Introducing Rachael Alexandroff

I am  Rachael Alexandroff, an NSERC postdoctoral fellow in observational extragalactic astronomy with a joint appointment at the Canadian Institute for Theoretical Astrophysics and the Dunlap Institute for Astronomy and Astrophysics.

My research interests focus primarily on extragalactic astronomy. In particular, I am interested in exploringfeedback from actively accreting supermassive black holes (quasars) using a variety of multi-wavelength data in the radio to the X-ray. I previously identified the largest catalog of optically-selected obscured quasars in the early Universe and have been using this catalog to study how quasars effect their surroundings from the local environment to the entire host galaxy. In particular, I search for observational signatures of quasar feedback to help constrain models of galaxy evolution. You can read more here.

In particular, I love to solve interesting problems using a combination of large datasets and targeted observations to elucidate the underlying physics. By constructing models and digging out fundamental correlations we can come to understand the physical principles that govern the myriad disparate observations we are trying to analyze.

I obtained my graduate degree on July 18, 2017 from Johns Hopkins University’s Department of Physics and Astronomy working for Prof. Nadia Zakamska. Previously, I obtained a bachelor of arts in astrophysical sciences from Princeton University.

I am also very passionate about astronomy education and outreach and am president emeritus of the Physics and Astronomy Graduate Student Outreach group at Johns Hopkins University. I have spoken to groups of 500+ audience members at Astronomy on Tap Toronto and given talks at local libraries, high schools and community centres.

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Re-Introducing Abhijeet Borkar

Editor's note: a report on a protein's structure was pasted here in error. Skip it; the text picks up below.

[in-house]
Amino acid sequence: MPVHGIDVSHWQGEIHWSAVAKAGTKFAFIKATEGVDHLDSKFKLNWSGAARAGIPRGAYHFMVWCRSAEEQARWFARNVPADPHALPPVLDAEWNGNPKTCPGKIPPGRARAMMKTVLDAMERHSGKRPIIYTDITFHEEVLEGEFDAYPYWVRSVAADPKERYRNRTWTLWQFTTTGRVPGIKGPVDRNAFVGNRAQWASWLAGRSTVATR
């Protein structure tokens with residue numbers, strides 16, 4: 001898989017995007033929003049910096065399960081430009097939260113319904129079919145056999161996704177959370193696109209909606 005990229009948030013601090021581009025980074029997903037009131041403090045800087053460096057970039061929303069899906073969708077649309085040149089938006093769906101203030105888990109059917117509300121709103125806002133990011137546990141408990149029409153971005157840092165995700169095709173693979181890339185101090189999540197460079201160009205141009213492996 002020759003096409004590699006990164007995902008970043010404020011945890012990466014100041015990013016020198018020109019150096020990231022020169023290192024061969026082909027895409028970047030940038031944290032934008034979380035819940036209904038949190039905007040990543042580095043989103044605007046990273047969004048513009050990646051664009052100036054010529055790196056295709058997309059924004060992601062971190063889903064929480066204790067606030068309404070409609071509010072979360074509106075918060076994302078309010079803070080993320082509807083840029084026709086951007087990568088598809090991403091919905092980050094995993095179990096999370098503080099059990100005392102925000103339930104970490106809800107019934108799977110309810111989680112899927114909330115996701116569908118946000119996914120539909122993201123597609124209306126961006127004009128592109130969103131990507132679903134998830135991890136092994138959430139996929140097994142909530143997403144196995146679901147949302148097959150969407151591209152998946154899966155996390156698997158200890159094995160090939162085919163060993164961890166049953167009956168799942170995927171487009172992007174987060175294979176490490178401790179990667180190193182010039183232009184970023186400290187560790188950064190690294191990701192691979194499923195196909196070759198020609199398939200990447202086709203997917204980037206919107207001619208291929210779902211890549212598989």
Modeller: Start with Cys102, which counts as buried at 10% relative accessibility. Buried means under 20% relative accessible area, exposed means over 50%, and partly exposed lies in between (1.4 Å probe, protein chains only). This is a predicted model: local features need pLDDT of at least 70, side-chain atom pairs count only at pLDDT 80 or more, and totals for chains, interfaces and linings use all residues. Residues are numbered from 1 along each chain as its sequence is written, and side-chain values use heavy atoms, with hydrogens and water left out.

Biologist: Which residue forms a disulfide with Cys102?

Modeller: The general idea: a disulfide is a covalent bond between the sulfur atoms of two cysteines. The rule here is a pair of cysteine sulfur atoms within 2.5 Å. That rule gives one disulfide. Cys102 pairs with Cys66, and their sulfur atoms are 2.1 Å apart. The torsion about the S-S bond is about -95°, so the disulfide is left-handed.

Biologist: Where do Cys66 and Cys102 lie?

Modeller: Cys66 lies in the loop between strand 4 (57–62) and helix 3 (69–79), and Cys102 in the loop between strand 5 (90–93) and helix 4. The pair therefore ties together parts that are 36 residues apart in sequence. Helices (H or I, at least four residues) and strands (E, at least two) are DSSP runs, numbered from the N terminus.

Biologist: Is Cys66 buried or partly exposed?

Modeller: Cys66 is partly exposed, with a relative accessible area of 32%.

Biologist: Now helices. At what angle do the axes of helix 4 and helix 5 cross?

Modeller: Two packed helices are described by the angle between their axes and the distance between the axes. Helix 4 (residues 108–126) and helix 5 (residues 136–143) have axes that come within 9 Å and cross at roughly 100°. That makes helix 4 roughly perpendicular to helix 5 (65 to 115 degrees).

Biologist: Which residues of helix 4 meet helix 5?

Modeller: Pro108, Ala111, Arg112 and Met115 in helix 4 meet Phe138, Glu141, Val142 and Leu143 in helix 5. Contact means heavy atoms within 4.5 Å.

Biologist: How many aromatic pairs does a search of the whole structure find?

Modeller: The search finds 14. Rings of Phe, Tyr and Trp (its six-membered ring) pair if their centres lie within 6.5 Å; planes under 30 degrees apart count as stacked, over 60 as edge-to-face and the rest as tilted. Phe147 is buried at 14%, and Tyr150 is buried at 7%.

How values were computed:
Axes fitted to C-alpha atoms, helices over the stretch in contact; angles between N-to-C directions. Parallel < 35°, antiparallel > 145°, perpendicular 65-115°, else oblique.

I am Abhijeet Borkar. I spend most of my time studying the supermassive black holes at the centres of galaxies and their interaction with the host galaxy, particularly using radio interferometry techniques. And the rest of the time I am working as a contact scientist at the Czech node of the European ALMA Regional Center. My research interests include the study of Sagittarius A*, the SMBH at the center of the Milky Way; formation and evolution of the SMBH at the centers of galaxies, active galactic nuclei (AGN).

I did my B.Sc. & M.Sc. in Physics from Pune, India after which I went to do PhD at the University of Cologne, Cologne, Germany, as a part of the International Max Planck Research School (IMPRS) at the Max Planck Institute for Radio Astronomy (MPIfR). Since my undergraduate days, I have been involved in science communication and outreach and I am actively engaged in outreach online and offline.

I can be found online @borkarabhijeet on Twitter or @borkarabhijeet05 in many other places.

Introducing Steph LaMassa

Dr. Steph LaMassa is a Support Scientist at STScI who works on one of the instrument teams for JWST. Steph’s research focuses on the growth and evolution of supermassive black holes and how they co-evolve with their host galaxies. Steph is also interested in learning how highly variable active galactic nuclei provide insight into black hole feeding habits.
Dr. LaMassa organizes and hosts Astronomy on Tap DC (@AstroOnTapDC), which is an outreach event where astronomers give short, fun talks in a bar! When not working or doing public outreach, Steph enjoys running (albeit very slowly), reading, and going to concerts.

Introducing Peter Boorman